How John 8:1-11 Informs My Faith
What part of “Do not judge” is so difficult for us to understand and follow? It’s an important question for us all to reflect on.
Over and over in the New Testament we are told not to judge others. Jesus says it plainly in the Sermon on the Mount, “Do not judge, so that you may not be judged (Matthew 7:1).”
And Jesus wonderfully shows us how to withhold our judgment in John 8:1-11. Just as this story of the woman taken in adultery is controversial as Scripture because it does not appear in the earliest manuscripts, it is also, perhaps, controversial in its point.
As Jesus is teaching, the powers that be bring a woman they claim was caught in the act of adultery. When they ask Jesus what He says to this, He just bends down to the ground and swirls his finger in the dust. Finally, as they continue to pester Him, Jesus exclaims, “Let any one among you who is without sin cast the first stone.” The accusers melt away, leaving just the woman and Jesus, writing again in the dust. When she confirms that no one has condemned her, Jesus says, “Nor do I. Go and sin no more.” Wow. That’s the way I want to be.
Jesus never even gets close to judging this woman. He does not assume that those who say she was taken in the very act of sinning against the seventh commandment are right about her. There is no evidence given that she committed the sin she is accused of. Jesus sends her forth exclaiming, “Sin no more.” He knows she is a sinner like everyone else, including her accusers.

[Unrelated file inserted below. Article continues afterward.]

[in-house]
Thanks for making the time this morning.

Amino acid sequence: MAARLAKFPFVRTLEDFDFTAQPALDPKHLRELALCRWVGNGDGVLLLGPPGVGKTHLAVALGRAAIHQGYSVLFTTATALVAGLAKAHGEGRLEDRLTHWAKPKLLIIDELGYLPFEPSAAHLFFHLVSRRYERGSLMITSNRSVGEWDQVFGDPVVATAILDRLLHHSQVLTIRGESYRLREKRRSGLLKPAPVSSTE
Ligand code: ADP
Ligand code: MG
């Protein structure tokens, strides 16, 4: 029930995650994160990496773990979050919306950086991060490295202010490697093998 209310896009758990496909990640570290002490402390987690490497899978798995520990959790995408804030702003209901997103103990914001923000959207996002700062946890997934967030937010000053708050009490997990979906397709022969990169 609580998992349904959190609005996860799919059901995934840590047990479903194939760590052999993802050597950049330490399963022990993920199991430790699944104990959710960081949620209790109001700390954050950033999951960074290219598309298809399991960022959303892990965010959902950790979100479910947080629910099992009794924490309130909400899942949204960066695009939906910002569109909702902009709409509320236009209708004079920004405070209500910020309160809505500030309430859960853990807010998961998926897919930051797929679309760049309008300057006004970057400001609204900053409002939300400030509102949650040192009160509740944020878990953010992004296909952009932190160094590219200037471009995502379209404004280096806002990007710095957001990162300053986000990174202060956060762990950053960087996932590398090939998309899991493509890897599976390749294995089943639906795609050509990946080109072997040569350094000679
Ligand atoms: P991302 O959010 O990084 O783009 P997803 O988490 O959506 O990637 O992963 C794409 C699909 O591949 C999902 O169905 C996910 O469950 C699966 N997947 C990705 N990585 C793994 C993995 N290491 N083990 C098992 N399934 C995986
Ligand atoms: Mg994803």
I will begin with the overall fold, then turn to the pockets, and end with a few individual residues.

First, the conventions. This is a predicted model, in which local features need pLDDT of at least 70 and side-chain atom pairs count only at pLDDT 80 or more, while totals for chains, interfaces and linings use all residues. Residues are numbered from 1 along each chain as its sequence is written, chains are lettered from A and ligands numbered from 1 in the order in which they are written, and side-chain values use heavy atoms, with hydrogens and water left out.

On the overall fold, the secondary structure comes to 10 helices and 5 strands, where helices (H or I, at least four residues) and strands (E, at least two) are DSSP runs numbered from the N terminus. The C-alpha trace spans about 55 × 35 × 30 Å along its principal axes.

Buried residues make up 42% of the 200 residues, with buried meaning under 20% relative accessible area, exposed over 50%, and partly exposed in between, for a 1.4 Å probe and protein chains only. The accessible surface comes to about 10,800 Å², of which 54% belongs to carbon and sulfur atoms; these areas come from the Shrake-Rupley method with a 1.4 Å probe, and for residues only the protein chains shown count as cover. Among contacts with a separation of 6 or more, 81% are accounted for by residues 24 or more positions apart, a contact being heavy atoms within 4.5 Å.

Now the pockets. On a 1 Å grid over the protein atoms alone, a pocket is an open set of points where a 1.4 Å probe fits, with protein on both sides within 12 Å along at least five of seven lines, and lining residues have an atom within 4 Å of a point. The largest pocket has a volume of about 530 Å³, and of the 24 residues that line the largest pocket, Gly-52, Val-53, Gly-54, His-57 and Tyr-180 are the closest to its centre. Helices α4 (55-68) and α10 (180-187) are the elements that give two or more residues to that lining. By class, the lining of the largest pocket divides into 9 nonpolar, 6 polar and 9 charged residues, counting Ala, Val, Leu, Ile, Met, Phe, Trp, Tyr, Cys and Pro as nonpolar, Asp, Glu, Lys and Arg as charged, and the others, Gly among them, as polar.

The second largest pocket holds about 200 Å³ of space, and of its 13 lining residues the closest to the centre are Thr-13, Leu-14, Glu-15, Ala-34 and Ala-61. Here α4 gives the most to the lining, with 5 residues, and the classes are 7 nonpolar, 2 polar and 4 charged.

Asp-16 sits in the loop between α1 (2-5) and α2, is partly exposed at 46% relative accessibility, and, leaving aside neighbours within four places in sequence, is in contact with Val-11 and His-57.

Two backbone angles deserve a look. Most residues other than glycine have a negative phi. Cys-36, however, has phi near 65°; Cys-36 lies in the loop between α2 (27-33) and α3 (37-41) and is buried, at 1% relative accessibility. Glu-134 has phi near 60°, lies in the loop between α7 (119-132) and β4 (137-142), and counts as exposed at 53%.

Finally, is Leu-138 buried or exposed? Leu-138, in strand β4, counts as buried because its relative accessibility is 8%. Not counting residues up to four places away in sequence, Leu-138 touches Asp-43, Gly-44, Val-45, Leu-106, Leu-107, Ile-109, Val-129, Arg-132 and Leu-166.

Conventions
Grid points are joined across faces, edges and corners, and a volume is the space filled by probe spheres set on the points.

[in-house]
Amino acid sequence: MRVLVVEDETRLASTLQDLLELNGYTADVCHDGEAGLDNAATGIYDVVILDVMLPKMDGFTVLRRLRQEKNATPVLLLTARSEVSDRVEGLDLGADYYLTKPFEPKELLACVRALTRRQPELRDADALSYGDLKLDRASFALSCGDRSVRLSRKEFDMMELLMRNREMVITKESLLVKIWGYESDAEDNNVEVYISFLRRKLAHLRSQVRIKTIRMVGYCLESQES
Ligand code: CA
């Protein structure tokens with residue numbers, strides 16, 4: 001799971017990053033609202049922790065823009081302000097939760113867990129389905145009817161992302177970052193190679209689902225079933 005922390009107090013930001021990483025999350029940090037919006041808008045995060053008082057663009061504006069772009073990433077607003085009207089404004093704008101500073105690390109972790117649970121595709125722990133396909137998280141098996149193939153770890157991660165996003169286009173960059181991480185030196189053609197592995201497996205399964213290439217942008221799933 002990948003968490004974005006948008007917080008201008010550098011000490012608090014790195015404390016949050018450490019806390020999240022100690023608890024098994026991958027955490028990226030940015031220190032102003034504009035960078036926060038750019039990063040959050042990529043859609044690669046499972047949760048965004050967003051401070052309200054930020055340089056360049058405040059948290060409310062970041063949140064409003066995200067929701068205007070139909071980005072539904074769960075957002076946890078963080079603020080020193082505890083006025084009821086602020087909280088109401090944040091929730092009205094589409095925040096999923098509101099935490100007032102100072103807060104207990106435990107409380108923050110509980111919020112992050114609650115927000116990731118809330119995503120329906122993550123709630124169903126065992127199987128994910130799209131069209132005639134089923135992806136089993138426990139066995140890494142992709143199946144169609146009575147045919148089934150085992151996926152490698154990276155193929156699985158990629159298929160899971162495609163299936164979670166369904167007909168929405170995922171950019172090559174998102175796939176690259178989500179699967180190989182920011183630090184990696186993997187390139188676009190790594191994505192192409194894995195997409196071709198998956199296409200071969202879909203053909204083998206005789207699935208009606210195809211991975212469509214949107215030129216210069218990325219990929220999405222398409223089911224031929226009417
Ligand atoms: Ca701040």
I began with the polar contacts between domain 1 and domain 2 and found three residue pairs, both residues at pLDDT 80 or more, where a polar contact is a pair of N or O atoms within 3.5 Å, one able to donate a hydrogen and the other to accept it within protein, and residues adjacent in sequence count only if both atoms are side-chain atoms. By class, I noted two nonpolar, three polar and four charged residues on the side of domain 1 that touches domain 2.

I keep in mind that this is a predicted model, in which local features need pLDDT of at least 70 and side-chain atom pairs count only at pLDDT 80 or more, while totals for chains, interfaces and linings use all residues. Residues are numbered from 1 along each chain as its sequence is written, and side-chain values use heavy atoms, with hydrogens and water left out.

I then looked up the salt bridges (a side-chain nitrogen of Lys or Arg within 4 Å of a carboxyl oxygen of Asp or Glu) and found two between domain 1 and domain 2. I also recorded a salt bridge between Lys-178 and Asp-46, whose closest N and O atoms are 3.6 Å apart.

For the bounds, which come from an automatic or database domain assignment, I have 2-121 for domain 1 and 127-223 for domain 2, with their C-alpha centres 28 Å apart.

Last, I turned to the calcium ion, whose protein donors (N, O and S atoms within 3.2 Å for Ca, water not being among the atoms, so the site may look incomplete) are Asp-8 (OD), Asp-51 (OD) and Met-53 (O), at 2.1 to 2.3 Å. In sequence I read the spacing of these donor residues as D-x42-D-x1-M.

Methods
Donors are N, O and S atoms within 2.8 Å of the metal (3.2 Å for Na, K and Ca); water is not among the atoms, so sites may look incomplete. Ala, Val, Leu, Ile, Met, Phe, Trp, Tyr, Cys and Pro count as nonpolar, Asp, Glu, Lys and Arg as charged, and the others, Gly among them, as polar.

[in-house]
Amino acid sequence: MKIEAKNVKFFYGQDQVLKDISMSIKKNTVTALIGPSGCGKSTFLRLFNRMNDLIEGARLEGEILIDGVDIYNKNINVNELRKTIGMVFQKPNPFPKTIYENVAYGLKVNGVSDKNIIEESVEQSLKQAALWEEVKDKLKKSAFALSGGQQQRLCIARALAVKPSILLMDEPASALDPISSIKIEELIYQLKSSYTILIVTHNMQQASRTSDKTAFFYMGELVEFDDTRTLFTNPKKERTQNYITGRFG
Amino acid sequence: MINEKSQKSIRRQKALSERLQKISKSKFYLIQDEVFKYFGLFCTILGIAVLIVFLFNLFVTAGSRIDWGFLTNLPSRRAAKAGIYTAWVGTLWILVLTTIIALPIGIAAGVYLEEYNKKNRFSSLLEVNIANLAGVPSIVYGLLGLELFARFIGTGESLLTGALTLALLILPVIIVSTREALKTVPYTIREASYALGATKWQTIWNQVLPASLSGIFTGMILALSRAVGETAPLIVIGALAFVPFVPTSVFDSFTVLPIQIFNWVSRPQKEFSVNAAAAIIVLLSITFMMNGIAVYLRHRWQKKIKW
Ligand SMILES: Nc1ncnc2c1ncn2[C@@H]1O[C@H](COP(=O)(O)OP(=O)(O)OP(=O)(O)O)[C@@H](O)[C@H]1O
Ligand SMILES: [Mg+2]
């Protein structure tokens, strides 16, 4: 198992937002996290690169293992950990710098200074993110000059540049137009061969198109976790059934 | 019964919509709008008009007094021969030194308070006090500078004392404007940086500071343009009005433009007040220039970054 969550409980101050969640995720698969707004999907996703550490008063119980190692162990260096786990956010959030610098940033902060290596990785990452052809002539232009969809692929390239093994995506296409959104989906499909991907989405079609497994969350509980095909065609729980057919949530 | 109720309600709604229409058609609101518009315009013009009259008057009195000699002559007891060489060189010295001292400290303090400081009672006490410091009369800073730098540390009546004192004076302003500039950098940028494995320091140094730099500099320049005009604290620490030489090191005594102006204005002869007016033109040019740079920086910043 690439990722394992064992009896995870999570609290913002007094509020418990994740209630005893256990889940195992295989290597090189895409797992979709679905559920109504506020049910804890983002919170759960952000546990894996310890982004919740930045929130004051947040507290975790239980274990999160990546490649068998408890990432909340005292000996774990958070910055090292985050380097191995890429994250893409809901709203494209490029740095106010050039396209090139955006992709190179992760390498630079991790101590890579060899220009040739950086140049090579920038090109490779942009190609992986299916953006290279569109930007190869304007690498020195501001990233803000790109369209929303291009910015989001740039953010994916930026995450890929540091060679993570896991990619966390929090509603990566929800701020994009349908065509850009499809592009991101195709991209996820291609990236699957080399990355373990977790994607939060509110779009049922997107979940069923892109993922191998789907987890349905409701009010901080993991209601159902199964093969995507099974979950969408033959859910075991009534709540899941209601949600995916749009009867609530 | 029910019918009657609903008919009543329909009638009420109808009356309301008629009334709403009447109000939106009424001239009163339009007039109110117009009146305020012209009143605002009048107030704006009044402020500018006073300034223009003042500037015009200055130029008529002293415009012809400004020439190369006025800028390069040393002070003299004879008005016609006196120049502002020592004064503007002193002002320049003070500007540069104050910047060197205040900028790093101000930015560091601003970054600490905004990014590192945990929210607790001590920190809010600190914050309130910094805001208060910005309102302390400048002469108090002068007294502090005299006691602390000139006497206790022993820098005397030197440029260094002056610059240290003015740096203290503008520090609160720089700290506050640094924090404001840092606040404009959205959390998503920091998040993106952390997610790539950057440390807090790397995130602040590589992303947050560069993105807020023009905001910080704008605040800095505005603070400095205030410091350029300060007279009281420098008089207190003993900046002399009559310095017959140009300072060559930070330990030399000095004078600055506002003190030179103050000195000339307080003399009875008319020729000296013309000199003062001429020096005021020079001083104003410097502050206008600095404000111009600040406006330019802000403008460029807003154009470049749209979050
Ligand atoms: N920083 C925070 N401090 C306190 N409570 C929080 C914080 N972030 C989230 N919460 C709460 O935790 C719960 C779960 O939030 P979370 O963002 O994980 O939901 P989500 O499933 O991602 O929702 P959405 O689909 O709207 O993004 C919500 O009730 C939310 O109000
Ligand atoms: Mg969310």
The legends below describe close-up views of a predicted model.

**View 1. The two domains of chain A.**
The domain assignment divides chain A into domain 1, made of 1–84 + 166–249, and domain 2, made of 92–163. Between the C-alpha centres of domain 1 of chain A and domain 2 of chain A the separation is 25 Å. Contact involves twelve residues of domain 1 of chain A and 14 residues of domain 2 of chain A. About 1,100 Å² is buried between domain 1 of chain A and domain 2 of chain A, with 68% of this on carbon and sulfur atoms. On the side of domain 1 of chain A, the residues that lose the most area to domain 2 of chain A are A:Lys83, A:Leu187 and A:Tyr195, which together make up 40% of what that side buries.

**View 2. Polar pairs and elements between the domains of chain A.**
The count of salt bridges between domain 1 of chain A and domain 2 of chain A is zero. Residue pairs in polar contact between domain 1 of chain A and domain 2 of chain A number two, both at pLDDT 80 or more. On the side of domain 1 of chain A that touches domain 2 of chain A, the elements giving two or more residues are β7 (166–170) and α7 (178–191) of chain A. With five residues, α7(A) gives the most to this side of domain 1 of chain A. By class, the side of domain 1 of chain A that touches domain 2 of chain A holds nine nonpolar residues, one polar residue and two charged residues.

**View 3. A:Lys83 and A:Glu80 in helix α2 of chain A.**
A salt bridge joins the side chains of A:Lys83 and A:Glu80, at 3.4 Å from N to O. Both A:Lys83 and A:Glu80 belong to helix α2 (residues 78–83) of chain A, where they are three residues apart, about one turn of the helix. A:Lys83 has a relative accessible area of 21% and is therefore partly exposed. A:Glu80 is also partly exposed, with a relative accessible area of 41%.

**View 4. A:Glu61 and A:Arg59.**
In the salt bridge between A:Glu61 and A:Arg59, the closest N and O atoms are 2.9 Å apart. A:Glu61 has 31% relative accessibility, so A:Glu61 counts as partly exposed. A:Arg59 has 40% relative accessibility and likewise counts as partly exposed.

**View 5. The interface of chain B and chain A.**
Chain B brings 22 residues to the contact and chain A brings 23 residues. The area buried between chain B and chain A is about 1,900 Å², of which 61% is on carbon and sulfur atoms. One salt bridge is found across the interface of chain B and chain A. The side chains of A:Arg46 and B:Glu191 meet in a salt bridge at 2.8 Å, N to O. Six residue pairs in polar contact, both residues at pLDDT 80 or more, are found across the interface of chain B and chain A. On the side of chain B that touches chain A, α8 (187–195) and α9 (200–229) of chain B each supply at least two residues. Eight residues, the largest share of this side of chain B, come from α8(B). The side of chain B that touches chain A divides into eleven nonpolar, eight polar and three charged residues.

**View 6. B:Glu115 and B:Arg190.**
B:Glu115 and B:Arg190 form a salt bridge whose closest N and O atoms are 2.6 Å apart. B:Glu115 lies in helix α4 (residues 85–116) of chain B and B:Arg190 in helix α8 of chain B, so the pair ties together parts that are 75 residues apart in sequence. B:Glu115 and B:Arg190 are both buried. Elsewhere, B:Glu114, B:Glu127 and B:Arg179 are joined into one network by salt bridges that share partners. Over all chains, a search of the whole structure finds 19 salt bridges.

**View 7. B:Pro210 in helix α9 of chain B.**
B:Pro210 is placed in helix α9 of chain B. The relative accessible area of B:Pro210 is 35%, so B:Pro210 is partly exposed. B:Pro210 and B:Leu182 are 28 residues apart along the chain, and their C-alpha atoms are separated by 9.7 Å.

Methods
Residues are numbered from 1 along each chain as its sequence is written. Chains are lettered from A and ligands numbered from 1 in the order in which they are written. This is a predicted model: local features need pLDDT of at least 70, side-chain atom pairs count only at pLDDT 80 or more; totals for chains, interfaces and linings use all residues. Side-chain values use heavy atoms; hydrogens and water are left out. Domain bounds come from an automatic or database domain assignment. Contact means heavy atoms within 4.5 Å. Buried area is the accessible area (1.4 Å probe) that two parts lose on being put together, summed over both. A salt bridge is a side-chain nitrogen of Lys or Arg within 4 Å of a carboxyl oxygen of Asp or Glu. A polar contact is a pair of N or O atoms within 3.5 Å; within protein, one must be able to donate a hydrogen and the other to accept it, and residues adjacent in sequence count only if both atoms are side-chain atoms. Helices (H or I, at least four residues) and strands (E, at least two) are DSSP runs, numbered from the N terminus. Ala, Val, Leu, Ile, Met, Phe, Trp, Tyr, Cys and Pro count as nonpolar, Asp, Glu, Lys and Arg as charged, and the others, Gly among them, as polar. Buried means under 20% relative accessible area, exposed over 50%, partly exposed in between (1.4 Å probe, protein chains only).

In our time, the powers that be routinely bring lesbian, gay, bisexual and transgender (LGBT) people before Jesus, claiming to have caught them in sin. Jesus’ response is still the challenge: Let the one without sin punish them. He makes no judgment one way or the other on the purported sin of LGBT people, sending us all out as He does the woman, “Go and sin no more.”
Jesus shows us in this story how God loves us and yet we find it so excruciatingly difficult to let go of judgment as Jesus does here. Paul clearly struggles to be like Jesus with regard to judgment. For example, Paul works hard to articulate himself in Romans Chapter 14. He finally confronts us with the question, “Why do you pass judgment on your brother or your sister (Romans 14:10)?” Why, indeed.
Yet, Paul has answered his own question at the start of this chapter when he refers to “quarreling over opinions (Romans 14:1).” That is always what we are doing — we are always just arguing about our interpretations of Scripture or our opinions of what God’s desires of us. And it really gets nasty when we conflate our opinion with God’s will. This is what the powers that be were doing with that poor woman, identifying their will with God’s will. This is what Jesus refused to do even though He could have done it, as God’s only begotten Son.
We are allowed to have our opinions and our interpretations of Scripture but we are not allowed to equate those with God’s judgment. We have all sinned and fallen short of the glory of God and therefore we have no business judging anyone.
I want to be like Jesus writing in the dust, challenging us to cast the first stone and sending us all away to sin no more without saying what that means for each of us. Only Jesus knows and He lovingly sends every one of us on our way. This is how the story of the woman taken in adultery informs my faith.
Do you join me in this?